Swinging wildly from a crane 300 feet above the Sydney Cricket Ground on the first two days of this fifth Test has been a rectangular table with chairs attached around its perimeter.
Successful entrants in a competition run by a poultry-based fast food firm have been hoisted aloft to watch the proceedings far below while cramming their snouts with fried bird.
It is possibly the only way any England cricket fan in the city could feel any more sick than they already do.
In a tour that has seen more barrels scraped than a series of Celebrity Big Brother, Saturday at this beautiful old ground somehow managed the impossible and conjured up a new low for the tourists.
Recent 5-0 Test whitewashes
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West Indies beat England
It wasn't when England lost four wickets in a ghastly first hour to be 23-5, still only halfway to their lowest ever total against the oldest and meanest of enemies, although that was the point when disaster movie became farce.
It wasn't even when they were eventually bowled out for 155 to cede a first-innings deficit of 171 runs less than 24 hours after
having Australia 97-5.
In a series when four times they have failed to make 180 in an innings, such a feeble tally is more norm than nightmare.
It came instead in
Australia's second innings,
as Michael Clarke's men moved towards a lead of 311 that on Sunday will become more impregnable yet, when Chris Rogers angled a ball down to third man for three and ended up instead with seven.
The four overthrows from Jonny Bairstow which made such profit possible were painful enough. Then came the thought that, with a single shot, the 36-year-old short-sighted colour-blind Rogers had scored as many as any of England's first five batsmen managed in their entire innings.
It was more than Michael Carberry, Kevin Pietersen and Ian Bell had produced in over two hours between them. It was also so abject that Rogers and Clarke simply stopped mid-pitch and laughed their compression socks off.
No more stern mutterings about how England remained a dangerous side. No more bothering to tell any opposition players to
get ready for a broken arm.
Just unguarded, shoulder-shaking guffaws.
England's innings card after that first 57 minutes of calamitous capitulation - 1, 7, 7, 3, 2 (23-5) - looked less like a fightback and more like a phone number. If you try it with a UK dialling code it probably goes straight through to the emergency services.
For England supporters at home, this has been an Ashes to increasingly attempt to avoid - no checking of the smartphone when the bladder calls in the middle of the night, no tuning in of radio under the winter-tog duvet, no sacrificing of social hours to watch the highlights on television.
On Saturday it became such a car crash that it became almost impossible to ignore. Even as sleep called, even as the logical part of the brain suggested switching channels to something more soothing like static or white noise, the sirens were wailing so loudly you could barely tear your eyes away.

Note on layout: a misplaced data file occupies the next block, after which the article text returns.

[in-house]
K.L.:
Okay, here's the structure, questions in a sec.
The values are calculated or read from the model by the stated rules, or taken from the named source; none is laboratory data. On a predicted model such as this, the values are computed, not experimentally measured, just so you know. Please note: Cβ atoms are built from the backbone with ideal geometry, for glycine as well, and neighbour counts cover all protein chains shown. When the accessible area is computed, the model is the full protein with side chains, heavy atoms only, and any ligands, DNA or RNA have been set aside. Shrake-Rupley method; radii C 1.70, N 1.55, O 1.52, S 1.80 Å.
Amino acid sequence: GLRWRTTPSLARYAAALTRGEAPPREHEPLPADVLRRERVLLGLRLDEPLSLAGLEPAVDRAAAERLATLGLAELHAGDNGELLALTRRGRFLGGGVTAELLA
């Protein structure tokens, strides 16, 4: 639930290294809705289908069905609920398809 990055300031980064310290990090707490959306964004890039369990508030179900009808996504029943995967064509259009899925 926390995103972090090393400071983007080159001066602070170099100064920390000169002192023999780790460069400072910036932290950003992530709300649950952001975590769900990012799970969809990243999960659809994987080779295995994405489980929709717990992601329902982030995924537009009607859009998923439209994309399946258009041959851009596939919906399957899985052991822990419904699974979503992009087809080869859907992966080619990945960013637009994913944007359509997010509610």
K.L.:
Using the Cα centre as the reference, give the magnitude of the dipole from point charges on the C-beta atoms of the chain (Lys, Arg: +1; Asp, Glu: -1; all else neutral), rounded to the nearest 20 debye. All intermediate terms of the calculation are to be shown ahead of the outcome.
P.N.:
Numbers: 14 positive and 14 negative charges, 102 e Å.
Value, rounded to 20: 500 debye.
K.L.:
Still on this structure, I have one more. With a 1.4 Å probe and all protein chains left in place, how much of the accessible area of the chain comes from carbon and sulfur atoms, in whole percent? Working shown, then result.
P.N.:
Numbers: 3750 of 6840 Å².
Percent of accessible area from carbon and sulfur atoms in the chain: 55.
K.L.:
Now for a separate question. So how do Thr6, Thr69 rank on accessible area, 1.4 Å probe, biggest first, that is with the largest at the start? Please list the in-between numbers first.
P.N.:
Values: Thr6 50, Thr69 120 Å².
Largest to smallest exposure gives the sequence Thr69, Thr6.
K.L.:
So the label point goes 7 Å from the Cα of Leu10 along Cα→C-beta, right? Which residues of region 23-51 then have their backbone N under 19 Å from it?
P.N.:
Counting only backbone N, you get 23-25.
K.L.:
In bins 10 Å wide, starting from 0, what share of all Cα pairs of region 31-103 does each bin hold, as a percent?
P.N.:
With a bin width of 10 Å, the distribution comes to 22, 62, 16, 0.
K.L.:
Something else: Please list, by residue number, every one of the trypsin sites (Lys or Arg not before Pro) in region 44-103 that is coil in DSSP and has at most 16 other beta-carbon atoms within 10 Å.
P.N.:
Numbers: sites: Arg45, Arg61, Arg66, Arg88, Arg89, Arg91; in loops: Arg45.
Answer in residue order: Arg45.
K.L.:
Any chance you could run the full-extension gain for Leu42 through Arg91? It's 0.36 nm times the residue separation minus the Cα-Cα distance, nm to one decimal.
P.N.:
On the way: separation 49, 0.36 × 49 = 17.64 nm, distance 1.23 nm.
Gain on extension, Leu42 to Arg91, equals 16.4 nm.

There was a period, and not a brief one either, when it looked possible that England would fail to even match their lowest ever total against Australia of 45.
No comfort could be taken from the fact they had gone on to win that particular Test by 13 runs, even though it was on this very same ground. For one thing it was 127 years ago. For another it was on an SCG pitch prepared mainly by hungry livestock.
Test Match Special Analysis
"England got off to a terrible start when Alastair Cook was out playing no shot to the second ball of the day and, on this occasion, there wasn't the excuse of having to captain a beleaguered side in the field for two days. He could, for once, bat on a good night's sleep."
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Walking round the ground, you could see the supporters who had made it all the way out to Australia riding the same emotional big dipper one after another.
There was little hope at the start, even less when England lost Alastair Cook to the second ball of the day not playing a shot, and no more when Ian Bell was dropped off the very next ball to a catch that would have lodged in Shane Watson's stomach if his fumbling fingers hadn't got in the way.
Next came anger - the impotent fury of one who has splashed out a couple of grand to watch an unimaginable Pomnishambles play out in front of their sunburned nose, the swearing at inanimate objects like a splayed set of stumps or the shouting at a cricket shot to go and do something both technically and biologically impossible.
Thanks to the many long years of practice, there was of course gallows humour - the moment Ben Stokes became the first of the seven batsman who had stood at the crease to reach double figures was met with the sort of cheers that used to denote a buccaneering century.
And then there was an almost comfortable feeling of total resignation, of no longer caring, of having seen so much that nothing mattered any more but getting it over with and then trying to forget any of it ever happened.
But it has, and in ways that should have been impossible. In a series where each day has brought fresh statistical shock, here are three newly minted numbers at which to wonder:
1. The aggregate score of all of England's first innings in this series is 969. The aggregate score of Australia's last five wickets to fall in the first innings is 1,071.
2. Five times England's top five batsmen have been out for a combined total of fewer than 20 runs.
3. When England are bowled out sometime in the next day and a half, as they certainly will be, it will be the first time in a five-match Ashes series they have lost all 100 wickets.
If this series were a dog it would have been put down a long time ago. Unfortunately for England, it staggers on to be kicked another day.